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5 Jan 2024 - NTM Unlocked #13

A trustworthy Hoof health index

Lameness caused by hoof disorders is among the biggest challenges that a dairy herd can face. Lameness is one of the top three culling reasons after fertility and udder diseases. Hoof problems cause pain and distress for cattle and significantly impact the farm’s bottom line.

The costs related to lameness are enormous and include, for example: 

  • Fertility problems
  • Veterinarian and medicine expenses
  • Costs of preventive measures
  • Lost milk production
  • Culling costs
  • Genetic impact of losing top-performing daughters
  • Extra time and labor costs
Hoof health index NTM

Hoof health index

The Hoof health index has a weight of 17% for VikingJersey, 11% for VikingHolstein and 9% for VikingRed.

The Hoof health index strongly correlates to NTM – 24% for VikingHolstein.  It also has a strong correlation with Longevity (22%), General health (30%), Feet & Legs (19%), and Udder health (17%).

The Hoof health index measures the bull’s daughters’ genetic ability to resist hoof diseases and includes breeding values for 10 hoof disorders grouped into seven sub-traits:

  • Sole ulcer
  • Sole haemorrhage
  • Heel horn erosion
  • Digital dermatitis + interdigital dermatitis
  • Verrucose dermatitis + interdigital hyperplasia
  • Double sole + White line separation
  • Corkscrew claw  

Sole ulcer is the costliest of hoof disorders and has the highest weight in the index. A severe case of sole ulcer can cost approximately 1,300 € under Nordic conditions.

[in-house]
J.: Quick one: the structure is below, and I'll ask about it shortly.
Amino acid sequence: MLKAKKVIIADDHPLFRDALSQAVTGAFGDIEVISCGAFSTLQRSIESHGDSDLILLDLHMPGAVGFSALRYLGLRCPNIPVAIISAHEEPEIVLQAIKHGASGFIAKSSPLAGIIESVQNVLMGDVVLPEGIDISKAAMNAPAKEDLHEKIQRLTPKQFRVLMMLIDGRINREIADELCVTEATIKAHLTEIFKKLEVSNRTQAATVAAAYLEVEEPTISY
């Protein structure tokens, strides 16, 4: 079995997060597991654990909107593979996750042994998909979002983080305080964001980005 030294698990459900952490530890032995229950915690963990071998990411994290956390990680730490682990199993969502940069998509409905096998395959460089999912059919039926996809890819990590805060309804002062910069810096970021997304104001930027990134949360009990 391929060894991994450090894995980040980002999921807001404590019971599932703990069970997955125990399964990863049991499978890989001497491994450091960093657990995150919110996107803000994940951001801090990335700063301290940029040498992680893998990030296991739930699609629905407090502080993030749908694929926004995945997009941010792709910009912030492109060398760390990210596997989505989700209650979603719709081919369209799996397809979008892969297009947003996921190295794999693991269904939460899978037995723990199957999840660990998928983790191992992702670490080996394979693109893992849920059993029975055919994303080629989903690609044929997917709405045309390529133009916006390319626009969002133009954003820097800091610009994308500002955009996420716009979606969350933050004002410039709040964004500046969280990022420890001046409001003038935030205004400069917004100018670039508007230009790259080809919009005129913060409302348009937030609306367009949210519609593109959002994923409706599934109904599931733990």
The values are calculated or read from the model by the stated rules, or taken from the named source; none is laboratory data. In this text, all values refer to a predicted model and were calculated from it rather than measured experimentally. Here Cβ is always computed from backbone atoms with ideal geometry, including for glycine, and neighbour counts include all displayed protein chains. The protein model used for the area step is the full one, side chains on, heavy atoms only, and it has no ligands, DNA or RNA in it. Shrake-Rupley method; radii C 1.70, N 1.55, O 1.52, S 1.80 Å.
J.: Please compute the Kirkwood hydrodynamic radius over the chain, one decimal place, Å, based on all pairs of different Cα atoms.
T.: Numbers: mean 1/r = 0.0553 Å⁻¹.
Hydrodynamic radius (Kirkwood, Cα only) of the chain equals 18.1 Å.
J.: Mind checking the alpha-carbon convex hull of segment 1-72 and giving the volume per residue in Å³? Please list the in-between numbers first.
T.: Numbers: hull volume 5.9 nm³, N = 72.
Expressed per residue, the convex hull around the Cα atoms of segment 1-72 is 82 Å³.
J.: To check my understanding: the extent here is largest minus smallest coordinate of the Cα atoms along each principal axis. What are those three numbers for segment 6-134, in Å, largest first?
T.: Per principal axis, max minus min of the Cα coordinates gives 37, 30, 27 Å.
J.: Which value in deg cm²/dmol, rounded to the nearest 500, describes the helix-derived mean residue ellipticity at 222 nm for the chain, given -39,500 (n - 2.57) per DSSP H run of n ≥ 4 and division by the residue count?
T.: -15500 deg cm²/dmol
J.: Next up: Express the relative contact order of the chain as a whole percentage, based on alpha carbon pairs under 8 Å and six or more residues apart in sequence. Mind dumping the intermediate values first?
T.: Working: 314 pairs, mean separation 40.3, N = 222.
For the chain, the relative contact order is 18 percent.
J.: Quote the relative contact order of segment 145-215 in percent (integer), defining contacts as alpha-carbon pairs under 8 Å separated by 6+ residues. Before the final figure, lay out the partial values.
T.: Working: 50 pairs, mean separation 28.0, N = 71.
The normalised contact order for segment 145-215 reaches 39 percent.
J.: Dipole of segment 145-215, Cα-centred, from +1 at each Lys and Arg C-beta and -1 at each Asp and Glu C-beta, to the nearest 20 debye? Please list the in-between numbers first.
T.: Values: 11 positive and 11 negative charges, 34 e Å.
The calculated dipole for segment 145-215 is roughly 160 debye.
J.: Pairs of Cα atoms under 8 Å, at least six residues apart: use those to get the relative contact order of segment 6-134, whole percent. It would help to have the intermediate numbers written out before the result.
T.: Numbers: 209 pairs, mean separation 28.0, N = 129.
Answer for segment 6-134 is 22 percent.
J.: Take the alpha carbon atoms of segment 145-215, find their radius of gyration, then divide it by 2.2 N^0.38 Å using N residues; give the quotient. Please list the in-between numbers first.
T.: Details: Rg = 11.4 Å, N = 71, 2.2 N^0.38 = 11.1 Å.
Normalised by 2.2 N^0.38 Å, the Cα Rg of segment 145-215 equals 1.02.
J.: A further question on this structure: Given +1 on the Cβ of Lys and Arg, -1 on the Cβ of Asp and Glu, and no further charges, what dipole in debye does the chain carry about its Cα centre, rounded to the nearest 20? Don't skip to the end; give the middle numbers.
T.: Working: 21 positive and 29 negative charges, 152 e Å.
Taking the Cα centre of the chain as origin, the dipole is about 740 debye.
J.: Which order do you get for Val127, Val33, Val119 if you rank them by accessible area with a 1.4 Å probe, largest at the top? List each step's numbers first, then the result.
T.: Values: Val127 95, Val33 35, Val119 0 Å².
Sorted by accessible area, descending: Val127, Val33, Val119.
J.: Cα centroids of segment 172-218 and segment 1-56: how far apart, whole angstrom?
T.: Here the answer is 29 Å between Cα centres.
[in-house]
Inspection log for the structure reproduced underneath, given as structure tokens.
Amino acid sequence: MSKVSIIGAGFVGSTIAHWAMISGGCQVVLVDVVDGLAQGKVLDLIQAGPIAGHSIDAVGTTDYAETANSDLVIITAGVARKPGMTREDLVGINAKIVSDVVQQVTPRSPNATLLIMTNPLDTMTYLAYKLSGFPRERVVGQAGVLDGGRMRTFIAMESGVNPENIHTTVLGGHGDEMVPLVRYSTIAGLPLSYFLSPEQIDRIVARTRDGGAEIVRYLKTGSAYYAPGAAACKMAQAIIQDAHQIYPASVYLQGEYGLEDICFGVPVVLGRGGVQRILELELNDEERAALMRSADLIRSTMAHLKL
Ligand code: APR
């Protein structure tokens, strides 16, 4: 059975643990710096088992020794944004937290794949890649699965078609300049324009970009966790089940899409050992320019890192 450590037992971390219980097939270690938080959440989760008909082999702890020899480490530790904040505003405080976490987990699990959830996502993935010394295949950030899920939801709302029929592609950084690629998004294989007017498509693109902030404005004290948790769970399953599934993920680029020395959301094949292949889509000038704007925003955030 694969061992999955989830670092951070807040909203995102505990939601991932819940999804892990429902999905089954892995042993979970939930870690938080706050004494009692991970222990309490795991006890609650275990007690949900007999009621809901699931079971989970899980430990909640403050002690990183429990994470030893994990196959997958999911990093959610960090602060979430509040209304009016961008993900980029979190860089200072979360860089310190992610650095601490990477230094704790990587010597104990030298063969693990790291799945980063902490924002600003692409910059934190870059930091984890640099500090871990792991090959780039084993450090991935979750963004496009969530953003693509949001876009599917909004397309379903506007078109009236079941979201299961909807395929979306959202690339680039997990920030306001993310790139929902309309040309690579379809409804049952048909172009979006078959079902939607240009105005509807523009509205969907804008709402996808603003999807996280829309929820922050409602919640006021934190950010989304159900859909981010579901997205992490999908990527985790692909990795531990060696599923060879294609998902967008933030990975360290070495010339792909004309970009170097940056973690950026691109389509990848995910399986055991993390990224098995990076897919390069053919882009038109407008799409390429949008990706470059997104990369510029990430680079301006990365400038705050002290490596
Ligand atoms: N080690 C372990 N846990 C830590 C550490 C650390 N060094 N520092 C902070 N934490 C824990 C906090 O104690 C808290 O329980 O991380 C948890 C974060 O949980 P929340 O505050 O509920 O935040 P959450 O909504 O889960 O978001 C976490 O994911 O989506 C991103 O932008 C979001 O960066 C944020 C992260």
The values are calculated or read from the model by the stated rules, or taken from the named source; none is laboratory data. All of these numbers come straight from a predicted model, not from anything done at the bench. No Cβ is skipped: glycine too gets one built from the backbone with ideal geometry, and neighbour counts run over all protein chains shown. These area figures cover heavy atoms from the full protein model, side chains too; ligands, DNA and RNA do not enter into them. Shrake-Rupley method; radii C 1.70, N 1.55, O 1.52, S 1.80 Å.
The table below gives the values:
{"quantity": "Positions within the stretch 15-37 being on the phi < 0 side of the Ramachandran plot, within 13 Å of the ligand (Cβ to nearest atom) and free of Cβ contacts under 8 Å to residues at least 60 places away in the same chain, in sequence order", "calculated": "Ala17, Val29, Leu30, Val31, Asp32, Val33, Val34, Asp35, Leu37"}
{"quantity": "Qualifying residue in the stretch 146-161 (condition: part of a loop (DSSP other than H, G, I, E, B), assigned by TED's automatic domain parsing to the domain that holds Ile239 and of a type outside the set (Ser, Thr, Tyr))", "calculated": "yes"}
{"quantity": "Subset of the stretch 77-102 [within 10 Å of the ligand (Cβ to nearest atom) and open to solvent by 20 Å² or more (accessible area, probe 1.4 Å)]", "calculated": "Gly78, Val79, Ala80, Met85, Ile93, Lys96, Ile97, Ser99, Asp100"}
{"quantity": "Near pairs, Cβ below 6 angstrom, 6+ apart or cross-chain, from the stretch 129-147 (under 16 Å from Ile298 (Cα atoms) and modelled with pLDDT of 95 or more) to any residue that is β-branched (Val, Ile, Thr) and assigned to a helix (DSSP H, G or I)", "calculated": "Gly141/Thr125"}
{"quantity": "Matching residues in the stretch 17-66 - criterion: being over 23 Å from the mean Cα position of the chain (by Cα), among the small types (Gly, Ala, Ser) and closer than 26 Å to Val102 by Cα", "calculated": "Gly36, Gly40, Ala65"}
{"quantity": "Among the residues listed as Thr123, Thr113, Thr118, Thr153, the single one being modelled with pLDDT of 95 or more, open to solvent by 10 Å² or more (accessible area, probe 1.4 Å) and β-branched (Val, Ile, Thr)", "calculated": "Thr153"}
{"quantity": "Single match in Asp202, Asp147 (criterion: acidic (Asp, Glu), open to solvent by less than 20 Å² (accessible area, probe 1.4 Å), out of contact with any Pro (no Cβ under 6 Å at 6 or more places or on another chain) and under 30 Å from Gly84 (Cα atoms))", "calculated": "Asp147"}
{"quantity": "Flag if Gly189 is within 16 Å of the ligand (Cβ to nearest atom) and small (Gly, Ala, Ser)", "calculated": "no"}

Jersey cow hoof

Breed for stronger hoof health

The data behind the Hoof health index is the records on hoof disorders collected by hoof trimmers during the first three lactations.

Hoof trimmers register all “findings” or all “no findings” on each hoof of every cow they trim into three different categories:

  • 0 - no disease
  • 1 - mild disease
  • 2 - severe disease

What makes the Hoof health index unique is that in the Nordic countries, we register actual disease cases and don’t just rely on correlated traits - like Feet & Legs conformation. A feet and legs index, on its own, is not a good enough predictor for improving hoof health.

The correlation between the Feet & Legs index and the Hoof health index is around 20%. Only one out of five times would you succeed in improving hoof health if you rely on Feet & Leg conformation. Therefore, registrations of actual diseases are a more accurate breeding value base.

Electronic hoof trimmer data is collected for 40% of cows in Denmark, Sweden, and Finland. That results in a high reliability of breeding value for hoof health.

Want to learn how much improvement you could get from a bull with high breeding values for hoof health? Read the next entry of NTM Unlocked.

Learn more about the hoof health index
VikingRed cow hoof

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